There is little doubt that Twitter came out a big winner from Sunday evening’s Academy Awards telecast. Host Ellen DeGeneres snapped the Twitter pic seen around the world when she pretty much invited the worldwide audience to help her set an image retweeting record for the celebrity selfie she took with the audience of stars. It was retweeted over 3 million times.
But Twitter is arguing that in raw reach its micro-blogging service had nearly as much of an audience as the ABC telecast itself did in the U.S. About 19.1 million tweets related to the Oscars were sent between Sunday at 5 p.m. ET and Monday at 5 a.m. ET, and they were viewed over 3.3 billion times. According to a blog post from Twitter Head of Media Science Michael Fleischman early today, “more than 37 million people viewed those Tweets across Twitter.com and Twitter’s mobile and desktop applications.” Fleischman claims this reach approaches the 43.7 million Nielsen estimates were seeing the ABC telecast.
Well, equating the number of people actively watching a TV telecast with the number of people who happen to have a Twitter app or window open on a second screen is a tough comparison. Thousands of user-generated and brand-generated Tweets are scrolling across any given Twitter display at breakneck speed. The levels of engagement between the two screens are likely vastly different. And how much any one of those thousands of posts ever hits a user's eye is anyone's guess.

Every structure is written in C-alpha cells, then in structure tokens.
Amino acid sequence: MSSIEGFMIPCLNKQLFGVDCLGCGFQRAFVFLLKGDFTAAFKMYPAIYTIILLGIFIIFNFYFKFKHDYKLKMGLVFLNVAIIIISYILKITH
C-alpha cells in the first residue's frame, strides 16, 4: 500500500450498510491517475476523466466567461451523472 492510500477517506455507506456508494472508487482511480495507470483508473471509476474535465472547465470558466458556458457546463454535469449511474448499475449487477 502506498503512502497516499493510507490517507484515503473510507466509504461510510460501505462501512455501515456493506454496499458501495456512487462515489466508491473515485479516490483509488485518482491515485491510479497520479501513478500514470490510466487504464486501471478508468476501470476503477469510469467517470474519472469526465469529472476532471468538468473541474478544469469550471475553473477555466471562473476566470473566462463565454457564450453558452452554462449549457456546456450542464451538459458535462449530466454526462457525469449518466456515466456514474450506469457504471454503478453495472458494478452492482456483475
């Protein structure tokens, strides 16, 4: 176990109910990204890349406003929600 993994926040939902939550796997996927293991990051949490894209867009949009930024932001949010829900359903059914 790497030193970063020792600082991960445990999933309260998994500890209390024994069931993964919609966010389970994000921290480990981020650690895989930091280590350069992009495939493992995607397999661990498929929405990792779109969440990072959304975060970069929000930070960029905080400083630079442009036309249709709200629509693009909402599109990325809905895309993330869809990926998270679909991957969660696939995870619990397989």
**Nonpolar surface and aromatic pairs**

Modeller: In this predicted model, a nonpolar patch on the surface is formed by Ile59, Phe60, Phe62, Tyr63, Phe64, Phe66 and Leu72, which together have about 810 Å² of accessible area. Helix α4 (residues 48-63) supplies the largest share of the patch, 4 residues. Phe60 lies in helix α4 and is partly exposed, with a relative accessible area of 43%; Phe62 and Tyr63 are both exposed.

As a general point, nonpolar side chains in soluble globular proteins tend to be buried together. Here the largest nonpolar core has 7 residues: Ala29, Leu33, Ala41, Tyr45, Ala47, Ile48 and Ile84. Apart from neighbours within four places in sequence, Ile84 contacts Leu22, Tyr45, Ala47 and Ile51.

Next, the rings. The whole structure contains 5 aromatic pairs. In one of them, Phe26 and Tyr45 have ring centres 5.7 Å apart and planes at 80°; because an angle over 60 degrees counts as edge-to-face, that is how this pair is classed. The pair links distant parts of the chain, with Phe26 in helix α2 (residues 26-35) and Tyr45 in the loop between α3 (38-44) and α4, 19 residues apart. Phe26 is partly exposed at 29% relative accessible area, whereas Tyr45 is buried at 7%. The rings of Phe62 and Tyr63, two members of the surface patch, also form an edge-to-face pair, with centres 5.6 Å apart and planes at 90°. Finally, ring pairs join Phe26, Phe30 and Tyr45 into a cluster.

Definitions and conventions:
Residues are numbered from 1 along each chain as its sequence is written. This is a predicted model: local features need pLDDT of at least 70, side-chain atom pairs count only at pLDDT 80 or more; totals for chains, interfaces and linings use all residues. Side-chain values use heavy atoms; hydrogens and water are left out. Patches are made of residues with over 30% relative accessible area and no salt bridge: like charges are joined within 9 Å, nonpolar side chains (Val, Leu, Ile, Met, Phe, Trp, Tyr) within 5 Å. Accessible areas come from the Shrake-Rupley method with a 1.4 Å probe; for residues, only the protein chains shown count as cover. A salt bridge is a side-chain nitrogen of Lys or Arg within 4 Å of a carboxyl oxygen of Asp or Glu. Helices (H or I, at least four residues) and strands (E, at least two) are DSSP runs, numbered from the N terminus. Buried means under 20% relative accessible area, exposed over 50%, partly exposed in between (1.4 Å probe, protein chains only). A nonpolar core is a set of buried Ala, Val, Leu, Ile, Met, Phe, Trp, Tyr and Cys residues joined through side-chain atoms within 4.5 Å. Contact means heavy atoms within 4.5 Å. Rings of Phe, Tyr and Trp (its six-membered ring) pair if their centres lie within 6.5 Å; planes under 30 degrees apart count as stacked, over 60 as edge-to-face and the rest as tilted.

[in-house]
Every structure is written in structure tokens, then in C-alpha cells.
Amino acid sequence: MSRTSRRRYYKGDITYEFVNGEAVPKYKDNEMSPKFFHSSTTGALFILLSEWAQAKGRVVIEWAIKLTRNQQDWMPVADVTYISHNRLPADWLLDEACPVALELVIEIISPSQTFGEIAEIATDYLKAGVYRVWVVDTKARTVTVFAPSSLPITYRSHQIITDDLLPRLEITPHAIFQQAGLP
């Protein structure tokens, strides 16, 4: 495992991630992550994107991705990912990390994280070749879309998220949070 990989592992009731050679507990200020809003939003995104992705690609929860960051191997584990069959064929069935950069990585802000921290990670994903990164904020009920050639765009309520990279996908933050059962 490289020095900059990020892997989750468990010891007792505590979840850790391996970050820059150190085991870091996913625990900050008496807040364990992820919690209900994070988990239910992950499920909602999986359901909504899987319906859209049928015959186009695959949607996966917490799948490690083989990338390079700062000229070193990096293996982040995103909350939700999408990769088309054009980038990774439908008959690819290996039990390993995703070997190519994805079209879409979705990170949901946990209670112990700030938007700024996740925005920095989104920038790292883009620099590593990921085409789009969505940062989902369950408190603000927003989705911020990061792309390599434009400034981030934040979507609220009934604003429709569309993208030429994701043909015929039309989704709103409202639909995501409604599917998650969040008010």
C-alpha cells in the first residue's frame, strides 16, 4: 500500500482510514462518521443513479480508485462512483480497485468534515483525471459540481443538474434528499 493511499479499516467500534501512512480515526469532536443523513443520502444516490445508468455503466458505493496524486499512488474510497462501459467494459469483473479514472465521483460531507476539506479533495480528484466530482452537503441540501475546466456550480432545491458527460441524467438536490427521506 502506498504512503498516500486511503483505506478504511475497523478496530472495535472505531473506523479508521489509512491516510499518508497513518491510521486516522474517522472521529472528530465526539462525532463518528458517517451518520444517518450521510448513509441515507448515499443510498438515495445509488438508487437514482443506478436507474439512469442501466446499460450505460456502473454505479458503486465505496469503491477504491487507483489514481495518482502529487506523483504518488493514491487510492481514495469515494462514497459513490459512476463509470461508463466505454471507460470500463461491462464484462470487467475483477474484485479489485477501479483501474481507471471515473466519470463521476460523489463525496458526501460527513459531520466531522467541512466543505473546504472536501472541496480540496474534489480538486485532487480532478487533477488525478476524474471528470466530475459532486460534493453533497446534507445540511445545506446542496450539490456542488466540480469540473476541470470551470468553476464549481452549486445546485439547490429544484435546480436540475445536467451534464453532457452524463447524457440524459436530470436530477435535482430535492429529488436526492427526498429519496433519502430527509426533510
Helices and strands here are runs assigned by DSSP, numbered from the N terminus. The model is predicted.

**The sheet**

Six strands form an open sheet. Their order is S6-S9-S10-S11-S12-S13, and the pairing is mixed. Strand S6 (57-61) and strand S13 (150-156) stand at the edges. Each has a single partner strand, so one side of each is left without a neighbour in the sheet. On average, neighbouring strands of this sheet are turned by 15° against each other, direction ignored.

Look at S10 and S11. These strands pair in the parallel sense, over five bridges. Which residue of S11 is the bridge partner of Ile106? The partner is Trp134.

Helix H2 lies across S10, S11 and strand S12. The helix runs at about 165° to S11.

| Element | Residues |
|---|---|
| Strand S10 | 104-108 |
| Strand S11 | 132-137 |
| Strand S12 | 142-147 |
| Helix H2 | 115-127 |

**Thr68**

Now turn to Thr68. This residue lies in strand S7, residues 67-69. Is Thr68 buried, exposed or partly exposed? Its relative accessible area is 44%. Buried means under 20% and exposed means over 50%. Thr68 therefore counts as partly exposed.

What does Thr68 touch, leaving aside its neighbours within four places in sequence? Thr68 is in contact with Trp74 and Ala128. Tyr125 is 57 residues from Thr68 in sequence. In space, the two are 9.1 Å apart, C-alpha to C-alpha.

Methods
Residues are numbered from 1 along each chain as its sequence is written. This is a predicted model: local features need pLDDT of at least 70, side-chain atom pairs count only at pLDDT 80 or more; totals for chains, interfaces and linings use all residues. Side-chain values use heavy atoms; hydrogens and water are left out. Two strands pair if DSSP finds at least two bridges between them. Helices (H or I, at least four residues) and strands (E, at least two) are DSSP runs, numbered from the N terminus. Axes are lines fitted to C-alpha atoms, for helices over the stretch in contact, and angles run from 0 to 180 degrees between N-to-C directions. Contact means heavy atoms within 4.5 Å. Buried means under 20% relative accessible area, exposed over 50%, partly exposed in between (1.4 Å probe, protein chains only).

Still the sheer velocity and reach of Ellen’s celebrity selfie pic demonstrates that an on-air mention can move millions of people at a time to pay attention to that second screen. Twitter says that Ellen’s Tweet at least appeared (they call it “seen”) on screens for an audience of 8.1 million people. It was embedded on 13,711 Web pages that were seen another 6.8 million times. By Twitter’s calculations, that means the Ellen celebrity Tweet had combined impressions of 32.8 million.
The Ellen Tweet was also a big success for Facebook, where the image posting to DeGeneres’ page attracted over 1 million Likes. Facebook also chimed in on overall Oscar activity, and claimed 11.1 million people on its network produced 25.4 million “interactions” (including posts, comments and likes).